Bird Flu Crosses Species Barrier to Spread Among Dogs

Saturday, April 18, 2015
By Paul Martin
April 16, 2015

April 2 (Bloomberg) — A bird flu virus that killed dogs in South Korea can spread from one dog to another, showing that the disease is capable of crossing species and causing widespread sickness in mammals, a study found.

A cocker spaniel and a miniature schnauzer were among dozens of dogs in South Korea sickened by an H3N2 strain from birds, researchers said in a study published in the May issue of Emerging Infectious Diseases journal. Viruses taken from the sick canines were used in an experiment later to see if pathogens were capable of spreading from dog to dog.

The findings add to scientific understanding of how flu viruses evolve in animals and the risks they pose to humans. A separate bird flu strain called H5N1 has killed 236 people worldwide by spreading primarily from birds to humans. If a deadly H5N1 strain evolved like the strain in today’s study to spread from one human to another, it could kill millions.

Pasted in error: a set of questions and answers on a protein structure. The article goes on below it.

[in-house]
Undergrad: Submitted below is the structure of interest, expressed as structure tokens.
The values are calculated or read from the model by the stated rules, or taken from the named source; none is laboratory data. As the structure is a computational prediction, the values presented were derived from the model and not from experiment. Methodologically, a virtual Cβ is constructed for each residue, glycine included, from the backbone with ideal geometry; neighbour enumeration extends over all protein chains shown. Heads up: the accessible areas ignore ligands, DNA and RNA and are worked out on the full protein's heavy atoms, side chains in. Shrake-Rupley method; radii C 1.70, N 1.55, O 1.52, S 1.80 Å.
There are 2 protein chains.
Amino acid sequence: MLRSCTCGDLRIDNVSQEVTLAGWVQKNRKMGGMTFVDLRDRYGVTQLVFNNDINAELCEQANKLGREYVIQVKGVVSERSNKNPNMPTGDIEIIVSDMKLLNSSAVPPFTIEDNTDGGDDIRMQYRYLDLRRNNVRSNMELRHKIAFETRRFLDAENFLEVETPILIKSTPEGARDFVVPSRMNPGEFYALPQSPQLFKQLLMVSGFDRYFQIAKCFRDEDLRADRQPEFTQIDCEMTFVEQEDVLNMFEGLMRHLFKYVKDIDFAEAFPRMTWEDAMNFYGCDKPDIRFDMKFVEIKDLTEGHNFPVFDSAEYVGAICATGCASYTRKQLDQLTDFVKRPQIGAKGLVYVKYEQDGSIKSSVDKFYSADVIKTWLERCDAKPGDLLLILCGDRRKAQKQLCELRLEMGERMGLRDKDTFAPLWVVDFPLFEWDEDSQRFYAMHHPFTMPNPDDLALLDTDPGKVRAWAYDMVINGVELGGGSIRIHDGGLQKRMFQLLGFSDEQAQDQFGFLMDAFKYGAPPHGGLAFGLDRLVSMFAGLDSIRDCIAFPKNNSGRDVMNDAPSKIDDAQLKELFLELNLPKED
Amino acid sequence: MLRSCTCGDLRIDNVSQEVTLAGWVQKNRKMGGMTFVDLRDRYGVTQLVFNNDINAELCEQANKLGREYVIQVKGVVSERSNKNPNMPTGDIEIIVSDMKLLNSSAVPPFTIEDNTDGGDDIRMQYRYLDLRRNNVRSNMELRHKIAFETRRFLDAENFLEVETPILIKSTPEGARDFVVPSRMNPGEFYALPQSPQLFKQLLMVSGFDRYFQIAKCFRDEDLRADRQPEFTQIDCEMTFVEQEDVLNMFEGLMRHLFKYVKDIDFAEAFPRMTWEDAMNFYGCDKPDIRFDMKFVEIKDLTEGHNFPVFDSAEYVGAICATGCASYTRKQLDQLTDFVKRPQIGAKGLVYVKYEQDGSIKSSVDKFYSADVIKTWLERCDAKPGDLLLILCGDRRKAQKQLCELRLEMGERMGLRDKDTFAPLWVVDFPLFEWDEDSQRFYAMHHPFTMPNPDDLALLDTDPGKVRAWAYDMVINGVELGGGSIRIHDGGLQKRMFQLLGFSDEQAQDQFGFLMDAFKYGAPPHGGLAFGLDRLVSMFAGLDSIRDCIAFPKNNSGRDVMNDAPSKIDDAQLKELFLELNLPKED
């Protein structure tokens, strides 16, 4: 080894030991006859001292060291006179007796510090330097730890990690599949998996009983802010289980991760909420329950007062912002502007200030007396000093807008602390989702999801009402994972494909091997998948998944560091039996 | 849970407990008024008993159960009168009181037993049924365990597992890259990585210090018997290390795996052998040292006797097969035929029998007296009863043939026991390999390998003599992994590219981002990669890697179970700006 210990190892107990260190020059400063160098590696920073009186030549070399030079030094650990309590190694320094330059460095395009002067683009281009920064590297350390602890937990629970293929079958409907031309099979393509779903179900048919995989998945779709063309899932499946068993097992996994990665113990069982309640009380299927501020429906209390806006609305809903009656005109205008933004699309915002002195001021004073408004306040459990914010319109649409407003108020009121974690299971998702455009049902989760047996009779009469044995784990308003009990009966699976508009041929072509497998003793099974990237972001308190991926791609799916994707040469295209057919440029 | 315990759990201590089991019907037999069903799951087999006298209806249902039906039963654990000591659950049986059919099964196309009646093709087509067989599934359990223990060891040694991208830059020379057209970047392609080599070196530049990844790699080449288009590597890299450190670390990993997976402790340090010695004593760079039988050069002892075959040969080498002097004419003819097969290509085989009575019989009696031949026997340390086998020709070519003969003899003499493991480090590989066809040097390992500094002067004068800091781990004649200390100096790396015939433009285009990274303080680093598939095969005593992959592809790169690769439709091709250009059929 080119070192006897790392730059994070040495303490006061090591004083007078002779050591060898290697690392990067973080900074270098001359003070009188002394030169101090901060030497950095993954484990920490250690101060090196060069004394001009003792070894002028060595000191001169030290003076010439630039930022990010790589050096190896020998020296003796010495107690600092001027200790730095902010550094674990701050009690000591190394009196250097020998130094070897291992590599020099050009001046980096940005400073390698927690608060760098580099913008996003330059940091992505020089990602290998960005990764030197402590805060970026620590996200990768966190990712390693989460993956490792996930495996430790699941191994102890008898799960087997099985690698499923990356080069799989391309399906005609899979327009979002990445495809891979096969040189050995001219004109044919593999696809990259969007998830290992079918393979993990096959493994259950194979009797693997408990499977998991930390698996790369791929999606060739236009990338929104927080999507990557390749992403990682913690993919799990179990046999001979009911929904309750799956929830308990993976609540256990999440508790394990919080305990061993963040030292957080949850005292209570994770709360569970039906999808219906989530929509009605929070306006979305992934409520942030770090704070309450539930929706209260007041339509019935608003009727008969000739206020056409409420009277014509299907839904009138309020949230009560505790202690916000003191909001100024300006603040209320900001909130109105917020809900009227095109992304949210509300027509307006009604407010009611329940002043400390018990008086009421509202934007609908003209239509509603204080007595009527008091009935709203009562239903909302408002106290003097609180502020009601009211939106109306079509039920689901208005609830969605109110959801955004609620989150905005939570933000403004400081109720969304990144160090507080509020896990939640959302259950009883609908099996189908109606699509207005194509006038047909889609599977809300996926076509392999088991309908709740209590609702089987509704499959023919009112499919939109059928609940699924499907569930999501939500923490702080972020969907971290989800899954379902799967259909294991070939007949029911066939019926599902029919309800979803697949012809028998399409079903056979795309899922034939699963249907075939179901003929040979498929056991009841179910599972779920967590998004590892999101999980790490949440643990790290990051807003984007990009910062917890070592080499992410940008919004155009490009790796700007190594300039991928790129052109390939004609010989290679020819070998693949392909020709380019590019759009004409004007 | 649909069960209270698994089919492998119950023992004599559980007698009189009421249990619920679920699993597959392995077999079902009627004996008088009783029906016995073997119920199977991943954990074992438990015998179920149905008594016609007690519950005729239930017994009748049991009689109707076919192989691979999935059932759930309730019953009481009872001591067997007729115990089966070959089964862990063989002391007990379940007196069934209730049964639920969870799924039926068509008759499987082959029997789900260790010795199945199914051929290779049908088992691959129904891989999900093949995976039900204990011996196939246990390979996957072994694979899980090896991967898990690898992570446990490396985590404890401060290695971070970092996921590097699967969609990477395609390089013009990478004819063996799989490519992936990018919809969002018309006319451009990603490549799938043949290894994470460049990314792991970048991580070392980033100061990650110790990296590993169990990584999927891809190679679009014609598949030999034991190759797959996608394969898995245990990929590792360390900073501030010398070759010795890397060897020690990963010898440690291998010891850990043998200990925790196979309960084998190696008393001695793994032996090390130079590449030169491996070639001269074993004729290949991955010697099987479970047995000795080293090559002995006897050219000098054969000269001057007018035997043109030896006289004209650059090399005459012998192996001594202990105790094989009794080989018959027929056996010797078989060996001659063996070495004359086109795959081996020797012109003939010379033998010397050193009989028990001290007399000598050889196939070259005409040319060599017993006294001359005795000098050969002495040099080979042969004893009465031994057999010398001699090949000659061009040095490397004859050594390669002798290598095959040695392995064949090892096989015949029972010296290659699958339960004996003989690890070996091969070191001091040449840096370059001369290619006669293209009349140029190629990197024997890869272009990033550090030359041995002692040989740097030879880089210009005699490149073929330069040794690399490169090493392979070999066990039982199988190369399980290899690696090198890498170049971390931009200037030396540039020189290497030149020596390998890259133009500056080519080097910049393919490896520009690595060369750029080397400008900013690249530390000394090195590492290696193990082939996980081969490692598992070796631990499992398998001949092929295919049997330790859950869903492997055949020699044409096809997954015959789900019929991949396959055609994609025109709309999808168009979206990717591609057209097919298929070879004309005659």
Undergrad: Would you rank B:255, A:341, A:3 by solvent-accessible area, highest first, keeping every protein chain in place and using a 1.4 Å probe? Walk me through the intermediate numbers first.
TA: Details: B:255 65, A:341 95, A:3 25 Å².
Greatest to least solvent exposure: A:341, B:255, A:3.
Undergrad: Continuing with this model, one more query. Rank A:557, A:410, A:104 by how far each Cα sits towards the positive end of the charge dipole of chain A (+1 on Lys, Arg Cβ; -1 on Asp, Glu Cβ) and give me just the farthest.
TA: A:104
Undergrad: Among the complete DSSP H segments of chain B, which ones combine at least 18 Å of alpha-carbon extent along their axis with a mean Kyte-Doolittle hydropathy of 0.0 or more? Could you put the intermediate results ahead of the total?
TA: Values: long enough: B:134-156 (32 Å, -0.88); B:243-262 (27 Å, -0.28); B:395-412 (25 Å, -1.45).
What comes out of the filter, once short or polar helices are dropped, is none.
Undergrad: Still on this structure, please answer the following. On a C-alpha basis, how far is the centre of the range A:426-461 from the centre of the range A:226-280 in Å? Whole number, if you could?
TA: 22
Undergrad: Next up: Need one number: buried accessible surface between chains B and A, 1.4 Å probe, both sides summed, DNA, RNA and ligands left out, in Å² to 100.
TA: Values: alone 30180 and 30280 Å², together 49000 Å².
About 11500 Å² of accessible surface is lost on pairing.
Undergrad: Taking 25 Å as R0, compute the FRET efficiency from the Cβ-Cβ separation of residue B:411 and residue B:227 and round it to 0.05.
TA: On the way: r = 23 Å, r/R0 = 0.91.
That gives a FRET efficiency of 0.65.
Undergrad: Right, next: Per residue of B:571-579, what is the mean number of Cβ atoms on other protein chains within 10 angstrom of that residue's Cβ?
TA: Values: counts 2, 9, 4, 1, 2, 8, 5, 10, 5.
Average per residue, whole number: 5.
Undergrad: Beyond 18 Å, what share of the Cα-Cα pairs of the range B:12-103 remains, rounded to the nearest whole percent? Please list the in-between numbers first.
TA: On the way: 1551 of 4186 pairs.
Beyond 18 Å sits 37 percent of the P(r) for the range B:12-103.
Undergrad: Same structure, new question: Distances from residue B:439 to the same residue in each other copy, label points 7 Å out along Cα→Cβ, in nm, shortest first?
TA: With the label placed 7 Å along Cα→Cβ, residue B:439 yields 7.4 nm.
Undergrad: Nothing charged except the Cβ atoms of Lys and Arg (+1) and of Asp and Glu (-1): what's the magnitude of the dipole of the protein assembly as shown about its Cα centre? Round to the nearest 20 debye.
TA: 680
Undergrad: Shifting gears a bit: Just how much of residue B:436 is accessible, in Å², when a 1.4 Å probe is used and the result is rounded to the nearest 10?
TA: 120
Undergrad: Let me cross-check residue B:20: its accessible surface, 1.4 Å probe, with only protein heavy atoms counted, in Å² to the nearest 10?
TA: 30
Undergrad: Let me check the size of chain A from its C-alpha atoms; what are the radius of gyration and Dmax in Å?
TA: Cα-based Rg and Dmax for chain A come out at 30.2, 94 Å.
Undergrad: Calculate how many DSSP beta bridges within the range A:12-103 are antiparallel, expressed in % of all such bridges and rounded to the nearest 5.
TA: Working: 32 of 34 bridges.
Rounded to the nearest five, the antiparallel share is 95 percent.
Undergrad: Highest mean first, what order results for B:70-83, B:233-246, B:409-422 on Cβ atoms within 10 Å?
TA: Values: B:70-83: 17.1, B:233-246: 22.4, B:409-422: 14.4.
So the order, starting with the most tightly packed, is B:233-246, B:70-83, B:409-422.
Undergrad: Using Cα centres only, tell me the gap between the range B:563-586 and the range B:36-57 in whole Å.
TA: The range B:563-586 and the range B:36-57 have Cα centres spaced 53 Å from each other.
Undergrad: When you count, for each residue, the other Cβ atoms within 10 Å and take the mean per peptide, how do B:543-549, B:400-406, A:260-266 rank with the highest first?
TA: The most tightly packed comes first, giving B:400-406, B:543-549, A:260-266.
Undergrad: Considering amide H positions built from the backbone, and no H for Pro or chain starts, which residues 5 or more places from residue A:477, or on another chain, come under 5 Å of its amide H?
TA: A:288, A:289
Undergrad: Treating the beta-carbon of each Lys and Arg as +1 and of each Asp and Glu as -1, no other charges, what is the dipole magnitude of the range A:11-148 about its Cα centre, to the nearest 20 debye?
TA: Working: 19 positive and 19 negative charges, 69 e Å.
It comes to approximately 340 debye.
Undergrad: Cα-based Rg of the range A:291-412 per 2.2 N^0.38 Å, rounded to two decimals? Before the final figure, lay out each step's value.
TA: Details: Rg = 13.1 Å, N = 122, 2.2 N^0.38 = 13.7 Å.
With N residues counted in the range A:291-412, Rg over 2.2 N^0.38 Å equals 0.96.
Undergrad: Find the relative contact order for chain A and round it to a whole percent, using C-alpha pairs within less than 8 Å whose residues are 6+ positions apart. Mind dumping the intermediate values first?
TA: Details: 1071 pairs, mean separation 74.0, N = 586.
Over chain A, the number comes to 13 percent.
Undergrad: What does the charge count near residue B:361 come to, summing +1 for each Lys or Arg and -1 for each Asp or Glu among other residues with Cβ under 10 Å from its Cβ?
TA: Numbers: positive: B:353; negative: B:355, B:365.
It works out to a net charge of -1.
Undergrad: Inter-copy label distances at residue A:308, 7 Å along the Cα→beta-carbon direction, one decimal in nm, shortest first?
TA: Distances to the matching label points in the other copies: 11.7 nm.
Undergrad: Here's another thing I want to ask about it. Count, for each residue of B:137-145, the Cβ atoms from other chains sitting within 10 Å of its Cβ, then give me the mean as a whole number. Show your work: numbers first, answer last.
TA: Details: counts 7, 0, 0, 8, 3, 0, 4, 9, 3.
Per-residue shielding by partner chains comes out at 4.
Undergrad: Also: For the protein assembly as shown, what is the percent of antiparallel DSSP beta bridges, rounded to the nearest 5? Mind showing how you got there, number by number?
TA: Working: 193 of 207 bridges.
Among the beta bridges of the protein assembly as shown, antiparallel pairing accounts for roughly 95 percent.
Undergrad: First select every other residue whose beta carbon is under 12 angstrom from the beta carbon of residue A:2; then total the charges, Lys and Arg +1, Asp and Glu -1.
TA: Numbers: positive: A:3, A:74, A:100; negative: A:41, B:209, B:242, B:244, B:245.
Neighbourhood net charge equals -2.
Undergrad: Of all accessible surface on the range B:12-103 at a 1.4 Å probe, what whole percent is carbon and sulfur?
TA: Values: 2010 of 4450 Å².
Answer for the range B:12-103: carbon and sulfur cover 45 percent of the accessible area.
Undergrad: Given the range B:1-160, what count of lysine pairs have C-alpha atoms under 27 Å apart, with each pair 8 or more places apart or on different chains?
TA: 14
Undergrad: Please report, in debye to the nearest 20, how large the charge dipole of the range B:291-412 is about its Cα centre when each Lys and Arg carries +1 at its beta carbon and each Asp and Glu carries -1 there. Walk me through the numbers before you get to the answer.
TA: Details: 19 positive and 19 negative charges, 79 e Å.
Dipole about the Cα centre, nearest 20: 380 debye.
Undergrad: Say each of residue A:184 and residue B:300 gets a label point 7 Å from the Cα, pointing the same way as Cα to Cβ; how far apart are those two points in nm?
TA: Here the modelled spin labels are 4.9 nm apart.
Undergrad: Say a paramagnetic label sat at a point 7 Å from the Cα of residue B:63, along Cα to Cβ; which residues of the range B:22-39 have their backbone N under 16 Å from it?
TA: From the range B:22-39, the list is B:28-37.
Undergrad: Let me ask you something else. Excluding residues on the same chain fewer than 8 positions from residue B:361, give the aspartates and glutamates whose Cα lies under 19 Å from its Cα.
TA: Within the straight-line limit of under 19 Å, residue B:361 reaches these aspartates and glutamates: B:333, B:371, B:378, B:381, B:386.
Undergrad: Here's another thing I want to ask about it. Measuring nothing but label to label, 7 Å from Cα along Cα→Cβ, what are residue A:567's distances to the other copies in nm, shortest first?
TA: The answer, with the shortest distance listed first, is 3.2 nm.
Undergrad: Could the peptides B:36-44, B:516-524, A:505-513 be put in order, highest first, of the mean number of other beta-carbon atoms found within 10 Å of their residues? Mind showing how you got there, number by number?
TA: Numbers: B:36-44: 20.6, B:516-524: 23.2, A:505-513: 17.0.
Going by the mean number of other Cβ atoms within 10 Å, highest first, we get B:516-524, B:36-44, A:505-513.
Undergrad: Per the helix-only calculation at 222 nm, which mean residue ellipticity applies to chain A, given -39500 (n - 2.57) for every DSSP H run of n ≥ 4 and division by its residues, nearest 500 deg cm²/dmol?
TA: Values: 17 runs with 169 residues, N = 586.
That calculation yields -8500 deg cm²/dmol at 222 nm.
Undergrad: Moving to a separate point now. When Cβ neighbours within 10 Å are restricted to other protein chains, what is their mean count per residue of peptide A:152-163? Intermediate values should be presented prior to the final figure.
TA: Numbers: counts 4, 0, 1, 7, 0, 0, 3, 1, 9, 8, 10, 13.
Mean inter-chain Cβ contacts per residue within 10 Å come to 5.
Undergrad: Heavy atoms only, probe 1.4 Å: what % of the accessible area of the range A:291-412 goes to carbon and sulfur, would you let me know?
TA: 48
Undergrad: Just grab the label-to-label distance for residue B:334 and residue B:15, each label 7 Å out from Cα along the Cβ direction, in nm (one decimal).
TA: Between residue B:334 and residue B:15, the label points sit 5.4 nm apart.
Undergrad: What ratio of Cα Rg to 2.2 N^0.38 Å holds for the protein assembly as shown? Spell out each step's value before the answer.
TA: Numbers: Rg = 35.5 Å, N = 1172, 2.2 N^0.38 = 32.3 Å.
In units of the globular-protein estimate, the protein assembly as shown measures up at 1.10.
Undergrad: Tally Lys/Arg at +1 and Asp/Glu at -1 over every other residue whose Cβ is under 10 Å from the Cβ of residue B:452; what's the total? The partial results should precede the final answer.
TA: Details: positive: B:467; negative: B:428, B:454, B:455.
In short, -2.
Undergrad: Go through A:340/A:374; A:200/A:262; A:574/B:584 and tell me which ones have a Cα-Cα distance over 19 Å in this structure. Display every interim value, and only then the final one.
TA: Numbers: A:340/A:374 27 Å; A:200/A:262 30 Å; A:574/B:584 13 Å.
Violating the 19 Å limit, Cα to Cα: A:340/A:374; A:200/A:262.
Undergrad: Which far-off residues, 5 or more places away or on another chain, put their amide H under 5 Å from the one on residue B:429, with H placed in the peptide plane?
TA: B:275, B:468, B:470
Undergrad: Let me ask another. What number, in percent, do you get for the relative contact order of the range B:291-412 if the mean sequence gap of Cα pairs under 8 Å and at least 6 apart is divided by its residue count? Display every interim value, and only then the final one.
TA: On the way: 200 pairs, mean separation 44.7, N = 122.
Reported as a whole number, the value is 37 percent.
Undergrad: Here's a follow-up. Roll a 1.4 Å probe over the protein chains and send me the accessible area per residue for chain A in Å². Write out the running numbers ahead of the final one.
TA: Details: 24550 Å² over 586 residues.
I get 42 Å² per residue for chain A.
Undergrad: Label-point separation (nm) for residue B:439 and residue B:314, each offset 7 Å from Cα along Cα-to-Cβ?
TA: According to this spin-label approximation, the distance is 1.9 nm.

“Transmission of avian influenza A virus to a new mammalian species is of great concern because it potentially allows the virus to adapt to a new mammalian host, cross new species barriers, and acquire pandemic potential,” the Korean researchers said.

The study, led by Daesub Song, Bokyu Kang and Chulseung Lee of the Green Cross Veterinary Products Co. and Daewoong Pharmaceutical Co. at Yong-in, outside Seoul, followed cases of severe respiratory disease last year in dogs at three veterinary clinics in Kyunggi province.

Close Resemblance

Tests on specimens collected from three of the dogs showed they were infected with H3N2 viruses closely resembling those found in chickens and doves in South Korea in 2003. The pathogens may have been transmitted from birds to dogs fed raw, minced meat from infected ducks and chickens, the authors said.

“In South Korea, untreated duck and chicken meats, including internal organs and heads, have been widely used to feed dogs for fattening in local canine farms or kennels,” they said.

Dog is regarded by some Koreans as a delicacy. Seoul city officials will ask the national government to include the animal in the legal definition of livestock, the Chosun Ilbo newspaper reported last week.

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